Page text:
HOW THE RACE OF THE DEFENDANT, VICTIM, AND TYPE OF LEGAL REPRESENTATION UTILIZED INFLUENCES THE LIKELIHOOD OF RECEIVING THE DEATH PENALTY

Open Access
Author:
Crutchfield, Candice Nicole
Area of Honors:
Criminology
Degree:
Bachelor of Arts
Document Type:
Thesis
Thesis Supervisors:
  • Jeffrey Todd Ulmer, Thesis Supervisor
  • Stacy Silver, Honors Advisor
Keywords:
  • Death penalty
  • capital punishment
  • criminology
  • criminal justice reform
  • criminal justice
  • race
  • ethnicity
  • disenfranchisement
  • legal representation
  • first degree murder
  • Pennsylvania
  • courts
  • public defender
  • court appointed attorney
Abstract:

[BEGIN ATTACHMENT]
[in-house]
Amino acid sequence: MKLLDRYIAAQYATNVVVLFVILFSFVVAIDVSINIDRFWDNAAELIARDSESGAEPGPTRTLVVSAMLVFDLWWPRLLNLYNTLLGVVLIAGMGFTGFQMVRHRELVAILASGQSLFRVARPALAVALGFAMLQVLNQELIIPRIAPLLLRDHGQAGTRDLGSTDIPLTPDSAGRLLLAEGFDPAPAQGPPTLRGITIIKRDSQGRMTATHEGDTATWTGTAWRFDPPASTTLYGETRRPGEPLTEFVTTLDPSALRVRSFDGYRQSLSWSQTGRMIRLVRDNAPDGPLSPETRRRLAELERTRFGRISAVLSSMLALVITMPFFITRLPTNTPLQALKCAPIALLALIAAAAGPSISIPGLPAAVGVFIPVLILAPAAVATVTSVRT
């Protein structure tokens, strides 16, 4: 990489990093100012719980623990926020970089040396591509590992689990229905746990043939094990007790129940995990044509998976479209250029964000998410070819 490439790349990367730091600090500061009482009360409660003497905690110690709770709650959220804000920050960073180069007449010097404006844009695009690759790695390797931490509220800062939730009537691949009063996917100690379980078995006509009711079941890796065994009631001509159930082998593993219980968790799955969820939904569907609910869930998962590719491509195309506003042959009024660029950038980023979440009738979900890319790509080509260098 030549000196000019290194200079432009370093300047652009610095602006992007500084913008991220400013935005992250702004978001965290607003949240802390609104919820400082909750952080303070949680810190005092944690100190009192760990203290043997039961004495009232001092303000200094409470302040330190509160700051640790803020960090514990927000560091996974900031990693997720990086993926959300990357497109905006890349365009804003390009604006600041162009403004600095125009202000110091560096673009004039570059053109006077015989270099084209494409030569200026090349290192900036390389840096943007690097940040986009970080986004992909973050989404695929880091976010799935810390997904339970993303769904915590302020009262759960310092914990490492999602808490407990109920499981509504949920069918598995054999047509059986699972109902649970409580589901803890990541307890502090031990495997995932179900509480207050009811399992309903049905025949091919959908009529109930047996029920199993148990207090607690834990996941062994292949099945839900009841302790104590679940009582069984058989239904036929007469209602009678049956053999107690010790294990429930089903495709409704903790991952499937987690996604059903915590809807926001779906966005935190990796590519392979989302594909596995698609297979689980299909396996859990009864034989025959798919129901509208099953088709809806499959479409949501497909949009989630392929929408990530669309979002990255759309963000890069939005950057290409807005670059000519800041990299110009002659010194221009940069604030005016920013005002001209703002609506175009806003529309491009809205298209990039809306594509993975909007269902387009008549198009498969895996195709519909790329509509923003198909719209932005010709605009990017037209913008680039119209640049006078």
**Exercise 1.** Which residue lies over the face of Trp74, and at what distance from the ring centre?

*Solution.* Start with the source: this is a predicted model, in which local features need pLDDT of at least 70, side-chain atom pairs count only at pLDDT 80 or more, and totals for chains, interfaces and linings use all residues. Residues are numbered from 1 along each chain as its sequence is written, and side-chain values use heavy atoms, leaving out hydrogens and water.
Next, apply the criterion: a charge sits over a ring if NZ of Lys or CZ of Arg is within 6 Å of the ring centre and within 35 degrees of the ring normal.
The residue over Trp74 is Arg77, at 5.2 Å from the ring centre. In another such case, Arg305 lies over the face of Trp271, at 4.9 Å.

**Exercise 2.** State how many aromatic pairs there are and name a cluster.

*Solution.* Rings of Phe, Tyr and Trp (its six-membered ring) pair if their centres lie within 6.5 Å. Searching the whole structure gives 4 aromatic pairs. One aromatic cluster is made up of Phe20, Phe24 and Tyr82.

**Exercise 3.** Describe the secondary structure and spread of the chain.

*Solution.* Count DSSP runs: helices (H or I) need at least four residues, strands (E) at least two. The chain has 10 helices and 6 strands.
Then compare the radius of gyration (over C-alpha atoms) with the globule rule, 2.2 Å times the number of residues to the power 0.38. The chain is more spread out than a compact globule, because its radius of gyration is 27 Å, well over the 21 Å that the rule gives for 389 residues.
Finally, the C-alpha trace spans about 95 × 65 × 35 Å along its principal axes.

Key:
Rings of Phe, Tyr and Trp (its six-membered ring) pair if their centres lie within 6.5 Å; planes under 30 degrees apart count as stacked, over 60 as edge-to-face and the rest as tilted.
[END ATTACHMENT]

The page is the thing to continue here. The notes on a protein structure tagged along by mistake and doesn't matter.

If the number of African Americans under the death sentence were proportional to their presence in the population of Pennsylvania, there would be approximately twenty Black individuals on death row. Instead, there are approximately ninety-two. Race and ethnicity have long been critical components of the criminal justice system, an area that has faced criticism regarding the prevalence of racial disparities in matters of sentencing and a contradiction of the constitutionality of the law. Present literature is abundant, examining the sentencing differences of defendants according to extralegal factors like that of one’s gender and socioeconomic status; however, questions remain regarding the race of the victim, defendant, and the type of legal representation received by the accused. The present study examines multiple variables finding that the race/ethnicity of the victim as well as the type of legal representation received by the defendant heavily influences the defendant’s likelihood of receiving the death penalty. Analyzing data of all death-eligible defendants in Pennsylvania and highlighting the disparities in pursuit of justice reform, this thesis seeks to further capital punishment research.